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In Ancient China, Fa Mulan is a young woman struggling to find her identity. While society wants to place her in the strict position of subservient wife, Mulan yearns for something more. When the Huns attack China and her elderly father is summoned to war, Mulan decides to make a sacrifice to save her father’s life and preserve their family honor. She cuts her hair, dons his armor and sneaks off in the middle of the night to take his place in the army. Aided by the small dragon Mushu, Mulan struggles to become a “man” in her military camp and keep her identity a secret from her fellow soldiers. This is easier said than done and the Huns are drawing closer.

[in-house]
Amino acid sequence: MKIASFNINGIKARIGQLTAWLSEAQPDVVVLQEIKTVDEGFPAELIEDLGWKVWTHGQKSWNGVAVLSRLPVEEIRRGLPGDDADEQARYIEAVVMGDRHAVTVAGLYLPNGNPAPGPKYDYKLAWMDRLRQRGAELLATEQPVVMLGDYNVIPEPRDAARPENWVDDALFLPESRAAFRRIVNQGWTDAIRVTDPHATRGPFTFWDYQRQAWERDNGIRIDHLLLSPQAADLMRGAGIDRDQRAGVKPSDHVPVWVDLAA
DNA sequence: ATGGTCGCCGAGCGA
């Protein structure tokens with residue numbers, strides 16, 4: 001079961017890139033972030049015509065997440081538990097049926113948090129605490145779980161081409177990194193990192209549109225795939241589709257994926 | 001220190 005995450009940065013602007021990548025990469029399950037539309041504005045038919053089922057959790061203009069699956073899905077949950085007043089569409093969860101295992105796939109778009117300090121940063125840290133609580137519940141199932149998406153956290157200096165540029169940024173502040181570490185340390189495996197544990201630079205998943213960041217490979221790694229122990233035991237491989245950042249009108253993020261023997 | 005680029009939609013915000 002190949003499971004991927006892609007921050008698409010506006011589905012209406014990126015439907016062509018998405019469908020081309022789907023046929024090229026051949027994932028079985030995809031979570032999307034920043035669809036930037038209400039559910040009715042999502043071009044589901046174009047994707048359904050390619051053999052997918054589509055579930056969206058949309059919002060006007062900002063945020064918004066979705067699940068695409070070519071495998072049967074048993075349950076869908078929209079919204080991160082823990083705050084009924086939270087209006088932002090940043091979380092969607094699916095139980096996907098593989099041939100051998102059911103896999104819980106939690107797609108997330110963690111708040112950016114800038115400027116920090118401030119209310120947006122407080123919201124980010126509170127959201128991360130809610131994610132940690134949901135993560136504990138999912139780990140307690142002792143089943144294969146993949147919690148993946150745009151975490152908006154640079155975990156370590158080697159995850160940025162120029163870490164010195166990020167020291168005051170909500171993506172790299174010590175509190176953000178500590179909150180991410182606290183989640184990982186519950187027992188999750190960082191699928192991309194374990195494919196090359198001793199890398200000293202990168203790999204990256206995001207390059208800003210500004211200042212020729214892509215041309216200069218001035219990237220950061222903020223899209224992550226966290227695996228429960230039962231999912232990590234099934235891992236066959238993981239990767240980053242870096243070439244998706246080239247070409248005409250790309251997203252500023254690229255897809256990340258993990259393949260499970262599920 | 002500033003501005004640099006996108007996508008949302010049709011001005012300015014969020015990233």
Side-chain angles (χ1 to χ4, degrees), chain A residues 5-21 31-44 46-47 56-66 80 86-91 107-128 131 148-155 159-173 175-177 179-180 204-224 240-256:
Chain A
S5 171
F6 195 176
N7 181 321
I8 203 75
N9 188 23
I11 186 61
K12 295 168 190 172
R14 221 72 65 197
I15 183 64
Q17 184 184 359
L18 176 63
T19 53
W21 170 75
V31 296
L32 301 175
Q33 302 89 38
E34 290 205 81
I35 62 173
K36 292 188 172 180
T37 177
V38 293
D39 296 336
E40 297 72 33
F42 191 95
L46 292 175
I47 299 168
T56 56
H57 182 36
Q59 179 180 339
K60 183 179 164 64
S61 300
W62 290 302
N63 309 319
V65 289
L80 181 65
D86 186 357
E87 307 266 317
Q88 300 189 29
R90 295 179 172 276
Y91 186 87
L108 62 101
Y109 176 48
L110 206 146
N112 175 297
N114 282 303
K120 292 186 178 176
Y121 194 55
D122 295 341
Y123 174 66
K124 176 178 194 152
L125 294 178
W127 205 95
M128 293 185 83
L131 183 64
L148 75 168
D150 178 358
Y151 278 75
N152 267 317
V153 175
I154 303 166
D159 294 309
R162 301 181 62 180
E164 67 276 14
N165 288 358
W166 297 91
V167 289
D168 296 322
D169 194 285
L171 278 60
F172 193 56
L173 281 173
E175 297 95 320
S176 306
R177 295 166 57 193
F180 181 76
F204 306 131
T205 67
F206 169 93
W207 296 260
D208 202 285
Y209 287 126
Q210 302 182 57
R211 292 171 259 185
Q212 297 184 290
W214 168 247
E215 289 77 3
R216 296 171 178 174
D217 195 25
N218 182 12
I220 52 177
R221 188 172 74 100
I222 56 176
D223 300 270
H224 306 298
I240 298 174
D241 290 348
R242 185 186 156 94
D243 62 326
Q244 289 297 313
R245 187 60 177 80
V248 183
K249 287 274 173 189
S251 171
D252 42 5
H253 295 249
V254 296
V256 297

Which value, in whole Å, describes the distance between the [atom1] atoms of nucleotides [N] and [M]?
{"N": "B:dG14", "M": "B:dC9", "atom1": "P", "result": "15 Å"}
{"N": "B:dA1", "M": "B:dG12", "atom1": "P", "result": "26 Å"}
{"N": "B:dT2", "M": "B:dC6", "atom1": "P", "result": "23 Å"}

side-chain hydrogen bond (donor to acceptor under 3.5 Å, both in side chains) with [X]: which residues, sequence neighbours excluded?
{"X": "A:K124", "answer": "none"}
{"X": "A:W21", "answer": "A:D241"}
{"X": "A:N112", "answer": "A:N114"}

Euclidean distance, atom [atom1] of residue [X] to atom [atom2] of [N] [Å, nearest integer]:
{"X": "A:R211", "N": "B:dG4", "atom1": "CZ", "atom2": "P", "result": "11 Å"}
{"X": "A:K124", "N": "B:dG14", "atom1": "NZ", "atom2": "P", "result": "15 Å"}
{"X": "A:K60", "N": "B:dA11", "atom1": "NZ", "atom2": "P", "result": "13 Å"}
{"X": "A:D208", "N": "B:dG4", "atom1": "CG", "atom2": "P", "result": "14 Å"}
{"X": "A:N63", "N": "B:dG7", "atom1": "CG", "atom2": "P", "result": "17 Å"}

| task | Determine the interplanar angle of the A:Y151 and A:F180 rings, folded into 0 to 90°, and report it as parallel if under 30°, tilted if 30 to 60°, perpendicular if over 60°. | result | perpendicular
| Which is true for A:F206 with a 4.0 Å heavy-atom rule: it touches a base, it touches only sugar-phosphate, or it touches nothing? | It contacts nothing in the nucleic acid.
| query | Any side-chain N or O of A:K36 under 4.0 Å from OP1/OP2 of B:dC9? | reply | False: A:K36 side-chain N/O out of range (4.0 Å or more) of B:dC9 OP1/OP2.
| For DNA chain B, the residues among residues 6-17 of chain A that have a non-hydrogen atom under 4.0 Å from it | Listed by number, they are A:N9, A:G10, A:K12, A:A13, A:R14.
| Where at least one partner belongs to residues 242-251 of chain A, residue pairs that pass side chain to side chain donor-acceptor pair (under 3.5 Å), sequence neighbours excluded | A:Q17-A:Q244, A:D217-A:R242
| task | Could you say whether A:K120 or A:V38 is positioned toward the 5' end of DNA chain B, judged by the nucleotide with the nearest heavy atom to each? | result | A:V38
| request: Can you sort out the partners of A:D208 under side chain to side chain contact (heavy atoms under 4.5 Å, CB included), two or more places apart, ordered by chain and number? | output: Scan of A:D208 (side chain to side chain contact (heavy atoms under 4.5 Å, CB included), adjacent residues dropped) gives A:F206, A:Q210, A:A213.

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MULAN walks a fine line in Disney entertainment between all-out seriousness and silly fun. It would normally be difficult to take any film seriously that has Eddie Murphy voicing a dragon, but that’s exactly how MULAN should be taken. Yes, there’s some comic relief, but the film has a remarkably mature attitude and vision of the legend that it’s retelling. There’s not only the obvious message about sexism and never judging a book by its cover, but morals about the importance of family, identity, and doing what is right in the face of danger. Mulan is an instantly likable protagonist who goes through big character arcs by the end of the film. She’s a heroine for the ages and that’s especially impressive when you consider that this is a “kid’s movie.” Mushu and a lucky cricket deliver comic relief that will entertain kids, while the colorful side characters provide the best jokes in the whole film. Everything is boosted by a soundtrack full of memorable and powerful musical numbers that perfectly blend right into the story. This entire film is one of those wonderful occasions where everyone in the family can enjoy this film for the same reasons. It’s a story about strength and courage that can be appreciated by all ages.